Today I submitted a role to Ansible Galaxy "initialises MySQL/Percona/MariaDB Server software on a host". While not my first Ansible role, this was the first time I released a role on Ansible Galaxy.
- The Ansible Galaxy has it's flaws, but I gave it a crack anyway
- The role is very basic and at the moment "installs MariaDB or MySQL community server, sets t he root password and creates databases and users if specified. You can also patch /etc/my.cnf"
- I have improvements planned for the future.
I doubt anyone refers to it as "the galaxy", but there you go. It's a strange place, at first glance there appears to be a complete abundance of roles with the promise of solving all your problems in double quick time. In my experience they rarely deliver though and when I have used them they have been nuisance to have as a dependency. The documentation is usually poor, they seem to get neglected by authors and they are impenetrable when you go to debug them. This is in part because Ansible, in recent time, has evolved at quite a pace and it doesn't lend itself to 'self documentation'.
Given all this, why did I bother contributing a role? 🤷 I can do better of course ... Probably not, in fact, certainly not. The initial commit is really only a prototype and doesn't support 33% of the distributions mentioned it's name. It's a start.
To be fair, I do like the Ansible Galaxy site itself. It's easy to use, the meta and packaging is well documented and imports from GitHub are easy. The linter which is executed on every import is also helpful.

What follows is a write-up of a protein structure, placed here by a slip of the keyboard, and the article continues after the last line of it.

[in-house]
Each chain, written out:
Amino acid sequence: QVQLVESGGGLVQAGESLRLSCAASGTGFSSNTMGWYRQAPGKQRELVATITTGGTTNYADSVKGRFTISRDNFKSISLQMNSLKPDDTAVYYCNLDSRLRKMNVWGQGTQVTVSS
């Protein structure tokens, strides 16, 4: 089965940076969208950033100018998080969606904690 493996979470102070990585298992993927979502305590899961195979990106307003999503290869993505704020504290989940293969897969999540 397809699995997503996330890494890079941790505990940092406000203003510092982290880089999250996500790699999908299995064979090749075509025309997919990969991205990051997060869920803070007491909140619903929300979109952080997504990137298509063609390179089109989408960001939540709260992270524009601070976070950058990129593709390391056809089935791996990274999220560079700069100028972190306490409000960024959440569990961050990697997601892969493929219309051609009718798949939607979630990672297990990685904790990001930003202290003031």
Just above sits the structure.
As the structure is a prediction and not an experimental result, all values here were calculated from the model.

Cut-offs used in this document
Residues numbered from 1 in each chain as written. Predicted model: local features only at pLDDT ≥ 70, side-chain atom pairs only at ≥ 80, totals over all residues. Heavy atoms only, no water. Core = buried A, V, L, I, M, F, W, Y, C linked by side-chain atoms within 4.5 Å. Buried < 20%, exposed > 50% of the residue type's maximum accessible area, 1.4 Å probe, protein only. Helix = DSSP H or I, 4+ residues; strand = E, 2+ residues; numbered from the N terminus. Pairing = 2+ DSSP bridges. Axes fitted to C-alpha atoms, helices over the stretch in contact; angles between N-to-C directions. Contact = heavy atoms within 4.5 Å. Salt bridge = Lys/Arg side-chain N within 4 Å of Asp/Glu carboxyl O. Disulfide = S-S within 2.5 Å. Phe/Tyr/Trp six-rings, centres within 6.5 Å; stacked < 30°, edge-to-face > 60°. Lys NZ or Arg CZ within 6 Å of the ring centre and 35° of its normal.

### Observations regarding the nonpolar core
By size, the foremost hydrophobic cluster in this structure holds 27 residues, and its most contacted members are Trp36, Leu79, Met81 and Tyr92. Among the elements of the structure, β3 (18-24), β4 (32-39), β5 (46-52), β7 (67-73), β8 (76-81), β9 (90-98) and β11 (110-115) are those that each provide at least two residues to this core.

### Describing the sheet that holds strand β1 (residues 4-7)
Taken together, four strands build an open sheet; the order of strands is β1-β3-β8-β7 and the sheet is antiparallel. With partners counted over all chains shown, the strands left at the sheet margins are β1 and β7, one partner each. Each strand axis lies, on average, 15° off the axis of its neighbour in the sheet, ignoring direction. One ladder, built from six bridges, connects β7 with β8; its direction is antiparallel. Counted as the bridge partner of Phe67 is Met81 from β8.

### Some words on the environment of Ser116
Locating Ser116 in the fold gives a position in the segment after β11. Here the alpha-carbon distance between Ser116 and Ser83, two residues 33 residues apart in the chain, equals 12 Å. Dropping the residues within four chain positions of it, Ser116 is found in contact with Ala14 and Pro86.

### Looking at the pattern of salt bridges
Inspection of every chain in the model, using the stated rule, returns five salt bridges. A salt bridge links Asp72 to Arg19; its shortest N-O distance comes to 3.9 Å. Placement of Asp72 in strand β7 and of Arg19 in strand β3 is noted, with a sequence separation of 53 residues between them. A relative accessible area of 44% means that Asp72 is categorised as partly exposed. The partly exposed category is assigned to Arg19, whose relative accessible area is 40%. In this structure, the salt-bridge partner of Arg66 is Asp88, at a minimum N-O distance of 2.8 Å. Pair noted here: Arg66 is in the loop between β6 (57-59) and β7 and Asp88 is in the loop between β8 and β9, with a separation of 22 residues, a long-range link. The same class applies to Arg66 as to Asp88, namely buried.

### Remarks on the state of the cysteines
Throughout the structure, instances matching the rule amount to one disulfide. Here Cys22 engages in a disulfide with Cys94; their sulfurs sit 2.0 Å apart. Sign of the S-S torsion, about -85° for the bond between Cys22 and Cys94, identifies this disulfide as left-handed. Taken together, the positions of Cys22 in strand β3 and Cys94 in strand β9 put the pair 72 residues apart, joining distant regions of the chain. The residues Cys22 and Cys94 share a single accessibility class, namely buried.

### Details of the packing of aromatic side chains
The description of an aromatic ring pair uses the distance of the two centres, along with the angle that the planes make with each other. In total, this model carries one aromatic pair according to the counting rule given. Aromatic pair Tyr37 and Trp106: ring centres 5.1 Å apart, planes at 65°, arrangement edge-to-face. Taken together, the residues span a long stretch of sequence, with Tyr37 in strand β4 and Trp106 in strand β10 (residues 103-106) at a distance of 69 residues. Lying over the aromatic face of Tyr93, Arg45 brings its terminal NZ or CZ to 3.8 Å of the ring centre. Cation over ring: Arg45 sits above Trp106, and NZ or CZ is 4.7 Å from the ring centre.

The role in it's current form is very simple. It installs MariaDB or MySQL community server, sets the root password and creates databases and users if specified. You can also patch /etc/my.cnf. This is all that I require at the moment however I do have plans to add features, see below.
Developing the role knowing that it was potential going to be consumed by a larger audience for a generic purpose was an interesting process. It really made me focus, it highlighted the need for simplicity and compatibility. I also learnt a thing or two about the divergence of MariaDB and MySQL and learnt more than I cared to about the package versioning oddities in CentOS.
The role currently has some major limitations, which I plan to address going forward :
- Passwords are passed as parameters to the
mysqladmincommand on the server. The
commandAnsible module is used so there should be not reference in shell logs, however this is not the most secure method. Unfortunately it must be done this way for compatibility.
- The root password will only be set once. Changing the root password after it is initially set will not update the password on the server
- Users will only be created and have their password set once. Changing a user's password after it is initially created will not update the password on the server
- Removing users will not result in their deletion on the server
- Removing databases will not result in their deletion on the server
I have some other roles which I will be publishing soon, so stay tuned. Particularly interesting will be an OpenNebula management server and node role.
Thanks to Markus Spiske for the bread rolls photo I used with this post.